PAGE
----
Roshini Raj, MD and Shan Boody Collaborate to Empower Women to Take Control of Their Gynecologic Health

New online resource –
– educates about bacterial vaginosis (BV), the most prevalent
gynecologic infection in the U.S., and other women’s health issues

New national survey reveals the serious impact BV has on women

NEWARK, N.J.–(BUSINESS WIRE)–Roshini Raj, MD, a board-certified physician and women’s health
advocate, author and medical correspondent and Shannon Boodram, AKA Shan
Boody, a clinical sexologist and author, have teamed up with Symbiomix
Therapeutics, LLC, a Lupin Company, to launch Keep Her Awesome, a
national awareness campaign focused on educating and empowering women to
take control of their gynecologic health. The new resource provides
consumers and healthcare professionals with information on critical
women’s health issues that too often go unnoticed, related
misperceptions, and the importance of proactively speaking with a
healthcare provider and taking charge of a woman’s gynecologic health.

“Though many women are reluctant to discuss ‘embarrassing’ health issues
– especially those pertaining to vaginal health – it’s important to
highlight the impact these same issues can have on a woman’s physical
and emotional health when not addressed,” said Shan Boody. “That’s why I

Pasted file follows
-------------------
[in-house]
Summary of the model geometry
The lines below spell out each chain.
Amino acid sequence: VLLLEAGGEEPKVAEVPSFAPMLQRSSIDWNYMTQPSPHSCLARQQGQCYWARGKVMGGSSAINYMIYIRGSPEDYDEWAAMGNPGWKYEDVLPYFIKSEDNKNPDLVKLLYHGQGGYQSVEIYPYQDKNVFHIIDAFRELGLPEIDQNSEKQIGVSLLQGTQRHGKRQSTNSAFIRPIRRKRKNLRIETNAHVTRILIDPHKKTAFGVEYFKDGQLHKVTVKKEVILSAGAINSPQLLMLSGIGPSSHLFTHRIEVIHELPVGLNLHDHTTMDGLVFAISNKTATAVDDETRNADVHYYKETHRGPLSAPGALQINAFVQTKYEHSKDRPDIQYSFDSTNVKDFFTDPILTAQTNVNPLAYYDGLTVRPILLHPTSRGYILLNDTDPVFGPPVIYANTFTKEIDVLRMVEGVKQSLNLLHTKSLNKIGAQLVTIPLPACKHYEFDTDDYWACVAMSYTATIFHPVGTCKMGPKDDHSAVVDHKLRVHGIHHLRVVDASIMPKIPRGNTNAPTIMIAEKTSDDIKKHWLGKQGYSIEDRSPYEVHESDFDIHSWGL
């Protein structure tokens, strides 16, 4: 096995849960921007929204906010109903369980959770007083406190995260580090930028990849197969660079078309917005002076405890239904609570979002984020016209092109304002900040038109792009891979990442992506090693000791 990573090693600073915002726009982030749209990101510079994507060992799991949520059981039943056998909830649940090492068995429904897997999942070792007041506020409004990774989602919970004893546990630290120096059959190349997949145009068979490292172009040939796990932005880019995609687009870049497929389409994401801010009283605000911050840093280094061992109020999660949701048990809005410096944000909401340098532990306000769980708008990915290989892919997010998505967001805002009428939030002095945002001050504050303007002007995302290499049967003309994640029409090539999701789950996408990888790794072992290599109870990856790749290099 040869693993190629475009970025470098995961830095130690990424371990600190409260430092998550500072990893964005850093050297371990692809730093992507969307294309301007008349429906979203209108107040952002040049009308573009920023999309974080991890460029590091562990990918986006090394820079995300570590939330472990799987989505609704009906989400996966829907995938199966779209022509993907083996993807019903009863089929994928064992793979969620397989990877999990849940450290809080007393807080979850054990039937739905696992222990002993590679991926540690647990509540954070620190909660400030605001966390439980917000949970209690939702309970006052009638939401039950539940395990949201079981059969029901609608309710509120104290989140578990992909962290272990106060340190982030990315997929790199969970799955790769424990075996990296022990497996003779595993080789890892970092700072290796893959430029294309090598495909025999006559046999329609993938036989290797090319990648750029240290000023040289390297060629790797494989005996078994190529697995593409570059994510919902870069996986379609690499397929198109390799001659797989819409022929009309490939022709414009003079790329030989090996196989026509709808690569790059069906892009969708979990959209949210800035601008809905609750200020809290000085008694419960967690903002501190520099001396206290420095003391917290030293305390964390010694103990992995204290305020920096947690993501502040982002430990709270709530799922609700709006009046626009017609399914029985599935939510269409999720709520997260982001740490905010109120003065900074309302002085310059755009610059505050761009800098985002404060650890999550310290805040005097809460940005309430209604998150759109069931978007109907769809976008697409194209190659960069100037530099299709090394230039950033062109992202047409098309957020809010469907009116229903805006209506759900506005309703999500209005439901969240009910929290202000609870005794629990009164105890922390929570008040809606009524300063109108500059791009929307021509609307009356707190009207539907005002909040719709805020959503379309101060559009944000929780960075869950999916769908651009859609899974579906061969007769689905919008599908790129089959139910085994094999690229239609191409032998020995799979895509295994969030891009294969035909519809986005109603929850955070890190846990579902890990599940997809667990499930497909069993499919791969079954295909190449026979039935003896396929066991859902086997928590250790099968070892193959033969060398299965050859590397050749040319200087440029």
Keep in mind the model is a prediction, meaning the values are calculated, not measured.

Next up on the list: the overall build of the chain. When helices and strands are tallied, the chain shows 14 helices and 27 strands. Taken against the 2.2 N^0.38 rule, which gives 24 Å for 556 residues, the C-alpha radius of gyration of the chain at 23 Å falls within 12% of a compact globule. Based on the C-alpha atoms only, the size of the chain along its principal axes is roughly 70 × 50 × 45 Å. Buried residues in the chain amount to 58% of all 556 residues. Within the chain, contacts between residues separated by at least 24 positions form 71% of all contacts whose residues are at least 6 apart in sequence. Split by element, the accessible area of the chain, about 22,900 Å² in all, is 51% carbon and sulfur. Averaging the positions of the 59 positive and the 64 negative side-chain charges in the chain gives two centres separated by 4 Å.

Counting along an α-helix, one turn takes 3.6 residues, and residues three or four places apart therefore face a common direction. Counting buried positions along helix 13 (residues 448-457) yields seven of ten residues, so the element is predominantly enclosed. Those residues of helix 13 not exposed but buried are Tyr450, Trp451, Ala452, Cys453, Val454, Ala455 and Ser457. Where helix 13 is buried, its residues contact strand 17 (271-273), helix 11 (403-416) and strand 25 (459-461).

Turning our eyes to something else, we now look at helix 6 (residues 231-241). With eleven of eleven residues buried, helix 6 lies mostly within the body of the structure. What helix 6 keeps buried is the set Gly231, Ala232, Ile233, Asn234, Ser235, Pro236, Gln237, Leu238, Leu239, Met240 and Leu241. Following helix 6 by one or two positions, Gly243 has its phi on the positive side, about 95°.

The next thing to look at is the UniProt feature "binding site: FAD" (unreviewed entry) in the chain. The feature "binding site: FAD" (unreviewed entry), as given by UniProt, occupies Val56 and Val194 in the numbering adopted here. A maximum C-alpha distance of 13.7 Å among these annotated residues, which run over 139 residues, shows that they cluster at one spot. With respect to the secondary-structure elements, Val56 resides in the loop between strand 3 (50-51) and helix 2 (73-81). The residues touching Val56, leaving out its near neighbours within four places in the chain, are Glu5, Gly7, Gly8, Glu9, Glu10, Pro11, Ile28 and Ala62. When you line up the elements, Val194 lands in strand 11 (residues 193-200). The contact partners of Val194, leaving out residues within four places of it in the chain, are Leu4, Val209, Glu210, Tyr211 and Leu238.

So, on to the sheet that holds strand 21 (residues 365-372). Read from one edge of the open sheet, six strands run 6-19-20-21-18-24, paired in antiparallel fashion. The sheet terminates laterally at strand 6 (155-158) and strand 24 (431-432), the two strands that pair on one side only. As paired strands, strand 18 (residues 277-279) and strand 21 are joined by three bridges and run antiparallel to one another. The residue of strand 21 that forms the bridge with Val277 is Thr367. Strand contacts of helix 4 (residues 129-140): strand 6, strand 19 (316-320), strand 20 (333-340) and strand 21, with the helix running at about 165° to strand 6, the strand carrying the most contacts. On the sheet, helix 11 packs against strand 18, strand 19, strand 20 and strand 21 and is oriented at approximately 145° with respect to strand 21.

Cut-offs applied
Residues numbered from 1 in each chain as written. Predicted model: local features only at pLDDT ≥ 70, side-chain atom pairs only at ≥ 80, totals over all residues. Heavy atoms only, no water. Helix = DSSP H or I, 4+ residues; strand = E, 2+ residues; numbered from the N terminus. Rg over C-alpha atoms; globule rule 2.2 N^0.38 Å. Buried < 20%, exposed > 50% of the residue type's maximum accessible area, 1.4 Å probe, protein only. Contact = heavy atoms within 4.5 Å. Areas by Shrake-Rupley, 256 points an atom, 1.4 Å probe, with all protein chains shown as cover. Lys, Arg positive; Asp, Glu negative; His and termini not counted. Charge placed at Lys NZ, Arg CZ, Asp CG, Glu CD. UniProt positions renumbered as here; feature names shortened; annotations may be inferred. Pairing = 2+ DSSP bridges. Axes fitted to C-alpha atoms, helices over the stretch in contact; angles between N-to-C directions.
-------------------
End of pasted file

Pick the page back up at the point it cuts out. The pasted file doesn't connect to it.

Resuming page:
share my story. I have had bacterial vaginosis (BV), one of the most
common gynecologic infections, and I’m not alone – one in three women
get BV at some point in their lives. I joined Keep Her Awesome to
empower women to have more open conversations and visit their healthcare
providers for proper diagnosis and treatment.”

According to a new national survey conducted online by Harris Poll on
behalf of Symbiomix Therapeutics and the American Sexual Health
Association (ASHA) of 304 U.S. women aged 18 to 49 who have been
diagnosed by a healthcare professional with BV within the past two
years, 76 percent stated they would have gone to see a healthcare
professional sooner if they were aware of the risks associated with BV
if left untreated. Additionally, not only did more than three in five
women with BV (62 percent) mistake it for a yeast infection before
diagnosis, but one in five (20 percent) still believe that BV is a yeast
infection. [1]

BV affects 21 million women ages 14 to 49 annually. However, women of
any age can get BV, even if they have never had sex. Common signs and
symptoms associated with BV include unusual vaginal discharge that can
be white or gray; watery; or have a strong fish-like odor. If left
untreated, BV increases the risk of transmission of sexually transmitted
infections, including chlamydia, trichomaniasis, gonorrhea, herpes and
HIV. BV also increases the risk of pre-term birth and low birth weight;
and pelvic inflammatory disease. [2,3]

“It can be difficult to tell common gynecologic infections from one
another because the symptoms can be similar,” said Roshini Raj, MD.
“However, if ignored or mistreated, gynecologic infections can increase
the risk of serious health concerns. Over-the-counter or holistic
remedies do not effectively treat some gynecologic infections; several
can only be treated properly with a prescription antibiotic, which is
why it’s important to visit a healthcare provider.”

BV and gynecologic infections don’t just affect women’s physical health.